Nathan Newman has a great post on why progressives ought to think more about housing policy. Indeed, it's hard to think of topics more boring than anti-height restrictions and rent control, but those things do after all affect the biggest single chunk of many families' budgets. Democrats in Congress, meanwhile, have more or less signed on to the Republican fixation with promoting homeownership among low-income families, even though these policies can often saddle young families with more debt than they can handle, while leaving tens of millions of renters behind.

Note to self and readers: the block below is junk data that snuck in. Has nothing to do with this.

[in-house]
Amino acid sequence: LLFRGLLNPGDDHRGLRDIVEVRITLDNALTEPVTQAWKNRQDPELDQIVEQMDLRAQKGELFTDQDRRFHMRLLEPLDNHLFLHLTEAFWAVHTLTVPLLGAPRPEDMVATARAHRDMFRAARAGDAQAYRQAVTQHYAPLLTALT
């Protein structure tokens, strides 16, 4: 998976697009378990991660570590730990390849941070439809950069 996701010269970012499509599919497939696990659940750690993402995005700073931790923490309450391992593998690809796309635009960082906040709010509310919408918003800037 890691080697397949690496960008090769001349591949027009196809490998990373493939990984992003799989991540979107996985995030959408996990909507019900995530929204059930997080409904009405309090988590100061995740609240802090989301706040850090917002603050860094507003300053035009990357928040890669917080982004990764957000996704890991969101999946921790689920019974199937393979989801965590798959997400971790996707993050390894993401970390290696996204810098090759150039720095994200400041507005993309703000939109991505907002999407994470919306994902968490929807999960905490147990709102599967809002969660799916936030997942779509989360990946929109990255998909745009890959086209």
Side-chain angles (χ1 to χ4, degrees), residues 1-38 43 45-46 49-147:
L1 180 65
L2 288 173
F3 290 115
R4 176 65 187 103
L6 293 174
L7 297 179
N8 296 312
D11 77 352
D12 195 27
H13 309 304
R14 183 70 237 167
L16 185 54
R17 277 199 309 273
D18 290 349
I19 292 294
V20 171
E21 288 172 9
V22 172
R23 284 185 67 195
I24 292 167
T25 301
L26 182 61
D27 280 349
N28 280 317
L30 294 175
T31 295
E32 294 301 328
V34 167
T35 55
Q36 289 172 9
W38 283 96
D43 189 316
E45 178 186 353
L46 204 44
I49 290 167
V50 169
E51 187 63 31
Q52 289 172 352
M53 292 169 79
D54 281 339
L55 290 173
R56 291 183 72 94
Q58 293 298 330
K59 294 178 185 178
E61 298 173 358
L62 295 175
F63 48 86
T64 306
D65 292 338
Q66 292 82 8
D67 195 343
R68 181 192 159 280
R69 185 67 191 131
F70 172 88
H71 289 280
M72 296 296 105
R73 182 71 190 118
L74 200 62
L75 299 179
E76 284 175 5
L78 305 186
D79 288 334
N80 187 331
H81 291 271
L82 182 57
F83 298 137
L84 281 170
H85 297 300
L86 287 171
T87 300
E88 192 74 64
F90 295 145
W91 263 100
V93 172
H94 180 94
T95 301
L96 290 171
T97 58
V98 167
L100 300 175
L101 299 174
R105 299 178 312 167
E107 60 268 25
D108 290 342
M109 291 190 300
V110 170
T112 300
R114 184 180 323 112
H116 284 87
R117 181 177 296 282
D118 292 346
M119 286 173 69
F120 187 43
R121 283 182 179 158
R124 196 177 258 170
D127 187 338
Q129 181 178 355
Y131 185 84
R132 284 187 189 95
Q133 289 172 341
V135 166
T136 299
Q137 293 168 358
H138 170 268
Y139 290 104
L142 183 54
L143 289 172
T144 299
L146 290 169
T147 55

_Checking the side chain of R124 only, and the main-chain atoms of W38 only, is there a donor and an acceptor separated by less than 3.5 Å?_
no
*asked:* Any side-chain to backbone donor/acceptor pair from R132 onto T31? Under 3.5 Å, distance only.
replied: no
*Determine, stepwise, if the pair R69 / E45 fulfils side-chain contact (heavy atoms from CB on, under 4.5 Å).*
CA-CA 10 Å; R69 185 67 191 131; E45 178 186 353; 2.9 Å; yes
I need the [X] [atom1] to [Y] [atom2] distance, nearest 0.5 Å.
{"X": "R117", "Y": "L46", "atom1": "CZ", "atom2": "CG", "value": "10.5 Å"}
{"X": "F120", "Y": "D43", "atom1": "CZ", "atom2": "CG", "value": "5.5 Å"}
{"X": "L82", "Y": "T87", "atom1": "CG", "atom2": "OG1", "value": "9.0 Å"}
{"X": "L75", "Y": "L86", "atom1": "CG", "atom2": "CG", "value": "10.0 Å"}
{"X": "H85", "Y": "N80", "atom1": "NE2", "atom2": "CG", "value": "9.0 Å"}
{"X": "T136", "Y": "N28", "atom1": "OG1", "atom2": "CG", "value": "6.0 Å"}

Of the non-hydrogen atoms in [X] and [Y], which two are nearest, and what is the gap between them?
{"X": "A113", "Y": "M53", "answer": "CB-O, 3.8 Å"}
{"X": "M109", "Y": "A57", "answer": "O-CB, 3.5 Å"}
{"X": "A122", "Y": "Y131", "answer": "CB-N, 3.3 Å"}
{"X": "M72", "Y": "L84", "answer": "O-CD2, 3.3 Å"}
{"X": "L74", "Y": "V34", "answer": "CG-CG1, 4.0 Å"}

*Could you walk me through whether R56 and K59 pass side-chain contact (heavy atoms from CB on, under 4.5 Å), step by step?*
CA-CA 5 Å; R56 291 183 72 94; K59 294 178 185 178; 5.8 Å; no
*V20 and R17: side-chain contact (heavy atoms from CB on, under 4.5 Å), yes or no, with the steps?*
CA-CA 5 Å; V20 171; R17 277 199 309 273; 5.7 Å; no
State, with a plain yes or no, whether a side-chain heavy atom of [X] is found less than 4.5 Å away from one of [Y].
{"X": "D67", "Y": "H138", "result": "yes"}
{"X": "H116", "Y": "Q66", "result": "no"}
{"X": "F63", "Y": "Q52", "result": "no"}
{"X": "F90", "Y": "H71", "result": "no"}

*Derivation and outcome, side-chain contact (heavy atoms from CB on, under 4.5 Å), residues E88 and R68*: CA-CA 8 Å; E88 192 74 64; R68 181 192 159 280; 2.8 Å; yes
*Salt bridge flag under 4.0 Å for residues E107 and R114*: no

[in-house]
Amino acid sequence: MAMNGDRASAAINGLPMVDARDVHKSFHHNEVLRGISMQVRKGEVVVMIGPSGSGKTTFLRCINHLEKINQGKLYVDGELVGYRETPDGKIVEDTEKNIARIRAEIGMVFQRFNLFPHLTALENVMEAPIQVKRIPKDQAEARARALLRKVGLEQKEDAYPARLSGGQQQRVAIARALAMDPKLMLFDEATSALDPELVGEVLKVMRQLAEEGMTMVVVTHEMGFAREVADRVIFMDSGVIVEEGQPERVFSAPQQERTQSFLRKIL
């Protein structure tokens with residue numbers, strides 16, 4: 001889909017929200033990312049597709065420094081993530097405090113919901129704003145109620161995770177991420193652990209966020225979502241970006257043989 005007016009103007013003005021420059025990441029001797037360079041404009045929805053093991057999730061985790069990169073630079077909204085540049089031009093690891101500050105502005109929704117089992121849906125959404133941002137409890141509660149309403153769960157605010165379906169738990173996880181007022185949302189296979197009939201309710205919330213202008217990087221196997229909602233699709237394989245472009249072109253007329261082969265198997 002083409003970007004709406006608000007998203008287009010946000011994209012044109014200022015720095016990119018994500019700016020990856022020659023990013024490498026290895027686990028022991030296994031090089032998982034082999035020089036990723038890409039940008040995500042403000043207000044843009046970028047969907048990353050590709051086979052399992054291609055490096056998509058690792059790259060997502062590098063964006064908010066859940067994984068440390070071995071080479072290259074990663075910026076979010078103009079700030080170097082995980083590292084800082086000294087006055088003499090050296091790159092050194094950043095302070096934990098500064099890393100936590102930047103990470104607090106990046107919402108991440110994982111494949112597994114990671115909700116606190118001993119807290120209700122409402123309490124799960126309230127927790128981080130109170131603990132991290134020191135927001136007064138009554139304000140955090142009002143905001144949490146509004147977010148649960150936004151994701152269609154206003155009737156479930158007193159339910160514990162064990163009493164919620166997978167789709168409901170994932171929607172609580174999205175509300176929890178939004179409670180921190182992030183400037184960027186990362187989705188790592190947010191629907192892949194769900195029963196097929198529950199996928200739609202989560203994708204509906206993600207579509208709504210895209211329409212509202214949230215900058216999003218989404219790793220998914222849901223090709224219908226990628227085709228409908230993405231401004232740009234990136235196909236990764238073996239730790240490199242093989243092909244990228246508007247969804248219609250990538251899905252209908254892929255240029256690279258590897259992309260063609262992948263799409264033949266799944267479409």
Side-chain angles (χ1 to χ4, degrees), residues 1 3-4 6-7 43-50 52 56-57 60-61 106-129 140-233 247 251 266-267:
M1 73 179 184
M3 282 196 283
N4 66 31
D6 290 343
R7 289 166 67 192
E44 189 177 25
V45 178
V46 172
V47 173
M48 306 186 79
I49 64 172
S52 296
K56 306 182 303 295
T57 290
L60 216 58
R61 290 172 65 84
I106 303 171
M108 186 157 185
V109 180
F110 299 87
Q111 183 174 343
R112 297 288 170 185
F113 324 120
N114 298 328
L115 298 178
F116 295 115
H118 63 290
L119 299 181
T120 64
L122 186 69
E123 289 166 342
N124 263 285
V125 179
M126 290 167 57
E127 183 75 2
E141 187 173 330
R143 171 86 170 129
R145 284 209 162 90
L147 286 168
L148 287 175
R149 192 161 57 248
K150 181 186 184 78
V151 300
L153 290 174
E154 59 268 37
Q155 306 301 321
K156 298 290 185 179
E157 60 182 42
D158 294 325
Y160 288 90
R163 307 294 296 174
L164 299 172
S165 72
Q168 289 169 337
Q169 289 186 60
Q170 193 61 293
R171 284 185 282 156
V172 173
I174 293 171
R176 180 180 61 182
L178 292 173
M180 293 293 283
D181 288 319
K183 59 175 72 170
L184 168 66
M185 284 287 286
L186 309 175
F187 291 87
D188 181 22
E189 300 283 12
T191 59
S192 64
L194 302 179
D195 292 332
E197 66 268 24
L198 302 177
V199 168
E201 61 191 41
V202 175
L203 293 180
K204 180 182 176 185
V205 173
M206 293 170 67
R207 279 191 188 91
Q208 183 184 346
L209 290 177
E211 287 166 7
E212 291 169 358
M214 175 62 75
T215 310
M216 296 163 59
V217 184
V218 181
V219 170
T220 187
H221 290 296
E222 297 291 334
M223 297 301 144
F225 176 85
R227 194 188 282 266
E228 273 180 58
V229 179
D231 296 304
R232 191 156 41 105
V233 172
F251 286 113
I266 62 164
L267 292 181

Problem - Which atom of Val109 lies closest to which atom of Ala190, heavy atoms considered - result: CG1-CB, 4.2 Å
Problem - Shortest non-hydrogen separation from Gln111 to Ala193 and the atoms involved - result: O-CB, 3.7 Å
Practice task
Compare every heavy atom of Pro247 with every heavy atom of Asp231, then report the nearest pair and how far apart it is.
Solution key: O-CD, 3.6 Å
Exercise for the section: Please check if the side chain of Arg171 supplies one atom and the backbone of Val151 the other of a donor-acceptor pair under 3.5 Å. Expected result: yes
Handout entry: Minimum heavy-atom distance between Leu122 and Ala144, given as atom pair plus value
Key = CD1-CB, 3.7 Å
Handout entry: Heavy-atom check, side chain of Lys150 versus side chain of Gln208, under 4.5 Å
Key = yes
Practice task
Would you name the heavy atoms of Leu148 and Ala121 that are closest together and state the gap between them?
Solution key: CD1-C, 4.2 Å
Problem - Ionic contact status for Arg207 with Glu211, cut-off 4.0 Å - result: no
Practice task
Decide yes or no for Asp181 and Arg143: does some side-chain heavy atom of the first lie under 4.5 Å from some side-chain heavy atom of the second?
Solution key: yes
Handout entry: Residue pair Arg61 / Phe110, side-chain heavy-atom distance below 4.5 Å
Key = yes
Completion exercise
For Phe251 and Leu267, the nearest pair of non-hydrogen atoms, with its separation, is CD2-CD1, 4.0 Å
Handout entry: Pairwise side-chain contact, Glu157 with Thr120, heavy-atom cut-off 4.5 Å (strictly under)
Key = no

Nor does this have to be, strictly speaking, an urban issue or a low-income issue. In the New York Times Magazine last weekend, there was a long piece about new exurban megachurches, which was interesting in its own right, that had a small aside noting that most people move out into Republican-friendly exurbs like Surprise, AZ, simply to find affordable housing. Now it's long been true that the GOP has found reliable support among these young, mostly-white married couples looking to move up into the middle-classes. And sure, many of these families, of course, will always and forever endorse the Republican approach housing policy, which relies heavily on making loans readily available to prospective homeowners. But it's also reasonable to think that a good number of these exurban families might never even leave the cities or suburbs if they could find affordable housing there. So it's not out of hand to think that the Democrats can make some inroads in this demographic with a smarter, more progressive housing agenda.